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Vol. 15. Issue 5.
Pages 309-310 (September - October 2019)
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Vol. 15. Issue 5.
Pages 309-310 (September - October 2019)
Letter to the Editor
DOI: 10.1016/j.reumae.2017.09.007
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Cat Scratch Disease During Adalimumab Therapy: A Case Report
Enfermedad por arañazo de gato durante el tratamiento con adalimumab: a propósito de un caso
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Teresa Martins-Rochaa,
Corresponding author
teresa.asmr@gmail.com

Corresponding author.
, Cândida Abreub, Alexandra Bernardoa, Miguel Bernardesa,c, Joanne Lopesd
a Rheumatology Department, Centro Hospitalar de São João, Porto, Portugal
b Infectious Diseases Department, Centro Hospitalar de São João, Porto, Portugal
c Rheumatology Department, Faculty of Medicine of the University of Porto, Portugal
d Department of Anatomic Pathology, Centro Hospitalar de São João, Porto, Portugal
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To the Editor,

Cat scratch disease (CSD) is an infection caused by Bartonella henselae after exposure to infected fleas from cats. Commonly occurs in children and young adults with regional lymphadenopathy and presents a self-limited course.1 In patients under biological drugs the disease may be severe and disseminated. A differential diagnosis with more common granulomatous infections, like tuberculosis, should be considered in the field of immunosuppression.2

The authors report the case of a 38 year-old man diagnosed with Ankylosing Spondylitis (AS) in 2000. He presented inflammatory back pain, anterior uveitis, enthesitis, bilateral sacroiliitis and positive HLA-B27. He was first treated with infliximab (2004–2009) and was after changed to adalimumab because of recurrent uveitis. Before infliximab, he had been treated with isoniazid for latent tuberculosis, following a positive tuberculin skin test.

On December 2013, he referred asthenia and new onset of left axillar nodules lasting for two weeks without fever or other complaints. He had nodules around 30mm limited to left axillar region, without skin lesions. The cardiopulmonary, abdominal and neurological examinations were unremarkable. He denied known contacts with tuberculosis patients. He was owner of a cat which frequently scratched him but he did not recall any special lesion. Adalimumab treatment was stopped and diagnostic workup was performed.

Except for Erythrocyte sedimentation rate (38mm/1st hour) and C Reactive Protein (9.0mg/L), no others relevant analytical findings were found. Quantiferon–Gold in Tube was negative and thoracic X-ray was normal. Axillar ultrasound examination revealed multiple hypoechoic nodules sized between 20–30mm. After fine needle aspiration procedure, the cytology revealed granulomatous inflammation (Fig. 1), being Ziehl Neelsen stain, culture for mycobacteria and PCR for: Mycobacterium (tuberculosis, avium and intracellulare), Borrelia Burgdorferi and Nocardia all negative. The PCR for Bartonella spp. was positive as were blood antibodies for Bartonella henselae (IgG titer 1:256; IgM <1:32). Due to CSD diagnosis, azithromycin was prescribed for 5 days. After one month, he presented complete regression of lymphadenopathies. Abdominal CT revealed splenic hypodense millimetric nodules and abdominal ultrasound showed two splenic nodules (11 and 8mm); there was no previous exam to compare (Fig. 1). Regarding procedure risks, it was decided by a multidisciplinary team to avoid splenic biopsy and ciprofloxacin during 3 weeks was prescribed. Regular ultrasound examinations revealed stability of the splenic lesions. Adalimumab was re-started on September 2014 because of exacerbation of AS activity. After more than three years, he remains asymptomatic and abdominal ultrasound revealed slight reduction of splenic nodules (8 and 5mm).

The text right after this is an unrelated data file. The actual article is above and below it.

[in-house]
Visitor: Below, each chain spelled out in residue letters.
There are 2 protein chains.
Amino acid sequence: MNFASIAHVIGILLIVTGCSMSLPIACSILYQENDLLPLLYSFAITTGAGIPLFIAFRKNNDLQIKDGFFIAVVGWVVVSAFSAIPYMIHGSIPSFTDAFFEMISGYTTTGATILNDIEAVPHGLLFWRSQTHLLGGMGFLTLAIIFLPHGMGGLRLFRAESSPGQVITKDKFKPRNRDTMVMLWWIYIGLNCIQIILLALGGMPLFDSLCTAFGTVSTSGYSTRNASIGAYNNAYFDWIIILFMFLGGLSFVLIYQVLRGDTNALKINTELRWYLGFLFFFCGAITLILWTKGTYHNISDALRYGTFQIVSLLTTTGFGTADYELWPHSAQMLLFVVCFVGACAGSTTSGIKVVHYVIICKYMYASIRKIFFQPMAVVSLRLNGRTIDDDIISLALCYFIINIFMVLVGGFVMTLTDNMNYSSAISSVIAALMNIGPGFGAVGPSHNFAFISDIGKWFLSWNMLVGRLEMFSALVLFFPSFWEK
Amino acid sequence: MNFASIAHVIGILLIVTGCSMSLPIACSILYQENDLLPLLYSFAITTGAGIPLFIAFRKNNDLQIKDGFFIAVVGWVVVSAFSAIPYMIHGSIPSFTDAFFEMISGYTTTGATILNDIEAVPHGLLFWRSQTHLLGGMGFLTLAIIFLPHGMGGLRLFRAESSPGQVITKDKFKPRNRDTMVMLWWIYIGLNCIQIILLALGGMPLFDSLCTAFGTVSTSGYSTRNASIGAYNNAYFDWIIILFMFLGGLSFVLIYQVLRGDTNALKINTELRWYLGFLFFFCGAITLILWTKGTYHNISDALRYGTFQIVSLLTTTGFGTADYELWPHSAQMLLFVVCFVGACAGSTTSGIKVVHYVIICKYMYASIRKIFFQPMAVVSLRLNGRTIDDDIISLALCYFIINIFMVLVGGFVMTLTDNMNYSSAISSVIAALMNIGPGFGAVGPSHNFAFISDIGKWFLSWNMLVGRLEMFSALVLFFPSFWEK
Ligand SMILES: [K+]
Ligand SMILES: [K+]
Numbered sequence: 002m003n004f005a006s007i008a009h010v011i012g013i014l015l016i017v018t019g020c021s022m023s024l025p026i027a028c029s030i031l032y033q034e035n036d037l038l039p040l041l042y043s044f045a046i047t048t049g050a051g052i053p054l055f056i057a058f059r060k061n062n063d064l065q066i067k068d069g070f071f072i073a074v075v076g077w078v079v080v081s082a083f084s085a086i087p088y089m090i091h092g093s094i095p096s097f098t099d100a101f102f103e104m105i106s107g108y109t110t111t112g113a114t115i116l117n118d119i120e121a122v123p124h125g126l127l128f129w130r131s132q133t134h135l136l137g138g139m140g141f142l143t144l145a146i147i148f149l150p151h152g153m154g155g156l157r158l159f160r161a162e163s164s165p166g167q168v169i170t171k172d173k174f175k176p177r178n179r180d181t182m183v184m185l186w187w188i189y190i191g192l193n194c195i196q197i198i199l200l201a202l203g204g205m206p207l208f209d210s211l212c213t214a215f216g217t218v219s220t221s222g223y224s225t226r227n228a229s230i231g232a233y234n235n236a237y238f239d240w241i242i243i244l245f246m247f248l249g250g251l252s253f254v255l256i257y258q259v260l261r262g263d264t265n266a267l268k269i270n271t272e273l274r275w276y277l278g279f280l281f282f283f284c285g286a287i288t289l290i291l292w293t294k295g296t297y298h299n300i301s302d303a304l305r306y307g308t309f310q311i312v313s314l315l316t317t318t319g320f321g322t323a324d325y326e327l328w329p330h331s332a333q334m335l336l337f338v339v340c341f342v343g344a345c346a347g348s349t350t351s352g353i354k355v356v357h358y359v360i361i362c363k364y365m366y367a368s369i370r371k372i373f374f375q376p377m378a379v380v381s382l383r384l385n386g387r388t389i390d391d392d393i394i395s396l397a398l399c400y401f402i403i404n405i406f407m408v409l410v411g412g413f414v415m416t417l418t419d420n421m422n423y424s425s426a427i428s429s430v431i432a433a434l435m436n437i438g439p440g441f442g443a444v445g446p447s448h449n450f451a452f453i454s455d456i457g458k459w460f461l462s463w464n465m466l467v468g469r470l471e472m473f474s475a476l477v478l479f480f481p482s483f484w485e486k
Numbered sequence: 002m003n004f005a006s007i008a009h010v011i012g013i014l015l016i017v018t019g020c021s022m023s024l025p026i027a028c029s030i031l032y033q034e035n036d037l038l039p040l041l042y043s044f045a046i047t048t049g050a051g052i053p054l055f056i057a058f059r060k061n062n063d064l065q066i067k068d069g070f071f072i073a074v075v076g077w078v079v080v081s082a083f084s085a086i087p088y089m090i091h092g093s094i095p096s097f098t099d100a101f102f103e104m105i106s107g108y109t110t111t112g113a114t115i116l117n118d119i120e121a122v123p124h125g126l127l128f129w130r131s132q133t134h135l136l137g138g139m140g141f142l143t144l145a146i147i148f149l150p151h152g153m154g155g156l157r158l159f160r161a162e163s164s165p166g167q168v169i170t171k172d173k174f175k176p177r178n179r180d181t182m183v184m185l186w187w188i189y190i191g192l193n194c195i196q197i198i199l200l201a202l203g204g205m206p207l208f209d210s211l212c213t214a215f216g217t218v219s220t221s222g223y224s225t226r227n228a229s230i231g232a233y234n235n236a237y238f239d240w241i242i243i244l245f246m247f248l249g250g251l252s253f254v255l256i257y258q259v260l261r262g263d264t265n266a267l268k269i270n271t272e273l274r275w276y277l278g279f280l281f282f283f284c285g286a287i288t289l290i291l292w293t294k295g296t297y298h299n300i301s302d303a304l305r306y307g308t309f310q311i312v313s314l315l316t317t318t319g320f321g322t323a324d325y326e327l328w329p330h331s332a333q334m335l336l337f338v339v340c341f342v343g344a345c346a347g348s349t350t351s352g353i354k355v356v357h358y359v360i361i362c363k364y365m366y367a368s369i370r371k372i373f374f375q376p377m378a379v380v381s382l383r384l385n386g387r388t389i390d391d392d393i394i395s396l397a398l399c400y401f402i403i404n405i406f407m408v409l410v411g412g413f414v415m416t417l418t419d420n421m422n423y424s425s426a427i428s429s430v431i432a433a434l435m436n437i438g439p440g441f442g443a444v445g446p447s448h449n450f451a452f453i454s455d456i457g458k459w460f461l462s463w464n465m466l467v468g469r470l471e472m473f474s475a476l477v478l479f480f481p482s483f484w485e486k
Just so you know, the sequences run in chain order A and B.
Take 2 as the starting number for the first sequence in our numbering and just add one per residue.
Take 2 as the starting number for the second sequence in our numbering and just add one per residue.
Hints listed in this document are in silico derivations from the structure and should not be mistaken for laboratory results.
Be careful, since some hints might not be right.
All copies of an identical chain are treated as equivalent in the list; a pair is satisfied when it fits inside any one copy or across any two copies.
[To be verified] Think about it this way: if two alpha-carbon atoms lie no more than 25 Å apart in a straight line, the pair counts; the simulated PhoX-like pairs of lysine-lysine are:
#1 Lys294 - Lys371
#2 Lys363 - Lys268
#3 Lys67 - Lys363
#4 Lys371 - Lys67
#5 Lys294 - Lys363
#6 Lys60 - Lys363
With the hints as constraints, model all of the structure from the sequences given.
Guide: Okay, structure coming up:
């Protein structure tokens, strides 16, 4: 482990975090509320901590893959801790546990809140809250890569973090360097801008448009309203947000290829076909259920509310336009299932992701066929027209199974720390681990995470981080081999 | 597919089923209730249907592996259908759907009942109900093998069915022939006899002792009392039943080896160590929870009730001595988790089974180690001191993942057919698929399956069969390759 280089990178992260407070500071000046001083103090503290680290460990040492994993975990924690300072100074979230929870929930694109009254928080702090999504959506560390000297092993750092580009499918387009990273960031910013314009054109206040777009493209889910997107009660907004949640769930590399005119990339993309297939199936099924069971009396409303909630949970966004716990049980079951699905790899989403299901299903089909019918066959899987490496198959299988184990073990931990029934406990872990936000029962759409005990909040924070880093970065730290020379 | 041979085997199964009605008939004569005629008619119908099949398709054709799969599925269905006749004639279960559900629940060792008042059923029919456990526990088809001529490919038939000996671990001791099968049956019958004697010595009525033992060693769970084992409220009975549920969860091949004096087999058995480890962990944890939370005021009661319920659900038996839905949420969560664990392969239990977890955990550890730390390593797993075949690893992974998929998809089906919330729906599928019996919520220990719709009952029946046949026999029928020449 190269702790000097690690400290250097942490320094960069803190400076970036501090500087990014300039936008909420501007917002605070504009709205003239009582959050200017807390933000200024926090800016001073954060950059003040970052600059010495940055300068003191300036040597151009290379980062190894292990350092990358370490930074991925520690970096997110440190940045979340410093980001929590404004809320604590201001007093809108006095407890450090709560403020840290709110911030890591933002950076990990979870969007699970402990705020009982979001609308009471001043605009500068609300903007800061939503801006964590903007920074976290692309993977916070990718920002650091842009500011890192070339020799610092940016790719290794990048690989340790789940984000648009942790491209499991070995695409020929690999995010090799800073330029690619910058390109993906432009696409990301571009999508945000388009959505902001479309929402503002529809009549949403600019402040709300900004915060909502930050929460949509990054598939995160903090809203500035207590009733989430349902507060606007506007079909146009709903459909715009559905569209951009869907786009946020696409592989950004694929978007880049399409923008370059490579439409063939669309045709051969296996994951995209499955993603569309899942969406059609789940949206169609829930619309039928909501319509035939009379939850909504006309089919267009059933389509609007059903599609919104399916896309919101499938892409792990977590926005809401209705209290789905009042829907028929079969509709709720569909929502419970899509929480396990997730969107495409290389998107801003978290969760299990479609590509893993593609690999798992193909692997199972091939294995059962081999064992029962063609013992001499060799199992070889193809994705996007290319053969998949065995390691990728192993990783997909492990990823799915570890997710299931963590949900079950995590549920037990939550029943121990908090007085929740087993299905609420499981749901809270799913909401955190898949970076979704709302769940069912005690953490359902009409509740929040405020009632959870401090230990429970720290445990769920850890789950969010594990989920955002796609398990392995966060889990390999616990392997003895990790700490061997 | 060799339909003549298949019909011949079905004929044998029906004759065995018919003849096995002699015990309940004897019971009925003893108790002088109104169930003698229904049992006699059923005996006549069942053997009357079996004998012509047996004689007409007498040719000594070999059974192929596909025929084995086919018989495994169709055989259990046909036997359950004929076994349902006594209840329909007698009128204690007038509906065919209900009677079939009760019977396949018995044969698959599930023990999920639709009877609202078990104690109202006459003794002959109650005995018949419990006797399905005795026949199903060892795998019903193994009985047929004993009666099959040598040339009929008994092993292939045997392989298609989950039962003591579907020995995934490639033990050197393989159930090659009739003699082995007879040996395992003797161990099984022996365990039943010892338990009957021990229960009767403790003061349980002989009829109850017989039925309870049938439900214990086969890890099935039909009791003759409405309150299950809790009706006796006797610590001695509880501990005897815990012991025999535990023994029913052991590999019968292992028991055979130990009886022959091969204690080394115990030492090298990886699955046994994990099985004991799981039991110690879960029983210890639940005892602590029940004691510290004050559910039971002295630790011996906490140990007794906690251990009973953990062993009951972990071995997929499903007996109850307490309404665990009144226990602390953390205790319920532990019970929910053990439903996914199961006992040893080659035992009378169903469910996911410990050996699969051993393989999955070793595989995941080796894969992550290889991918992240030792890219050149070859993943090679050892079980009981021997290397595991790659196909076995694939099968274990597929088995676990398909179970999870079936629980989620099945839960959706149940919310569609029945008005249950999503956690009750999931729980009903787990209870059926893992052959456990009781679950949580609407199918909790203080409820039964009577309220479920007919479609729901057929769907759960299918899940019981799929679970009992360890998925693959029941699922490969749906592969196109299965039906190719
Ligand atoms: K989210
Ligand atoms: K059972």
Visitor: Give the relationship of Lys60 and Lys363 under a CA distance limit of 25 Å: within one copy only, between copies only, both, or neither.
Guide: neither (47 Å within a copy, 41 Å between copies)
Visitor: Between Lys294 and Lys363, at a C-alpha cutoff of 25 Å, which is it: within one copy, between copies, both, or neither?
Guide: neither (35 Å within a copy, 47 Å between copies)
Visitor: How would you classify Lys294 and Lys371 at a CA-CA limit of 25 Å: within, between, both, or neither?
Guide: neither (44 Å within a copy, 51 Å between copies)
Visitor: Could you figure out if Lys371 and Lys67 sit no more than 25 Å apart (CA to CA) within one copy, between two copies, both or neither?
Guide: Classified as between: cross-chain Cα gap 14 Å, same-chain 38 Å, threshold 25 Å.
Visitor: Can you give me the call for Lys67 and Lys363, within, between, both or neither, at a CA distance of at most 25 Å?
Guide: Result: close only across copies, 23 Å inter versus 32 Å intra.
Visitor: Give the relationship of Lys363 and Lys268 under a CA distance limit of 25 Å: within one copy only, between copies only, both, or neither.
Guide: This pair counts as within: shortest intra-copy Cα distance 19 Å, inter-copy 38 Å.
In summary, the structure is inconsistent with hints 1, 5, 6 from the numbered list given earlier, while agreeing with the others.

Fig. 1.

(A) Contrast-enhanced CT scan of the abdomen reveals a hypodense splenic nodule near the splenic hilum. (B) Abdominal ultrasound of the spleen depicts the same lesion as a hypoechoic nodule without posterior acoustic enhancement. (C) Cytology from lymphadenopathy's fine needle aspiration suggestive of granuloma inflammation.

(0.28MB).

We herein report, to our knowledge, the second case of CSD on adalimumab treatment. Splenic nodules raised the concern of splenic dissemination of the disease that we cannot certainly attribute to Bartonella infection since biopsy was not undertaken. Tuberculosis, being our first concern, was completely excluded. In a retrospective study of adverse event reports on TNFα blockers users, an increased risk of granulomatous infections, particularly tuberculosis, was documented, but only one case was caused by Bartonella infection.2 Later on, 10 CSD reports were described: seven patients were under TNFα blockers (one case on adalimumab), one case on abatacept and two on tocilizumab.3–11 The majority presented regional lymphadenopathy and had good therapeutic response, restarting biologics 2–3 months after. However, in three published cases, visceral infection presenting with mesenteric panniculitis, splenic nodules and, one of those, with liver granulomatosis, were documented.3,8,11

It should be stressed that new onset lymphadenopathy and granulomatosis in patients under biological therapies should raise the suspicion of CSD, particularly in the field of epidemiologic risk. The possibility of systemic dissemination should be kept in mind due to underlying immunosuppression.

Conflict of Interest

The authors declare they have no conflicts of interest.

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Copyright © 2017. Elsevier España, S.L.U. and Sociedad Española de Reumatología y Colegio Mexicano de Reumatología
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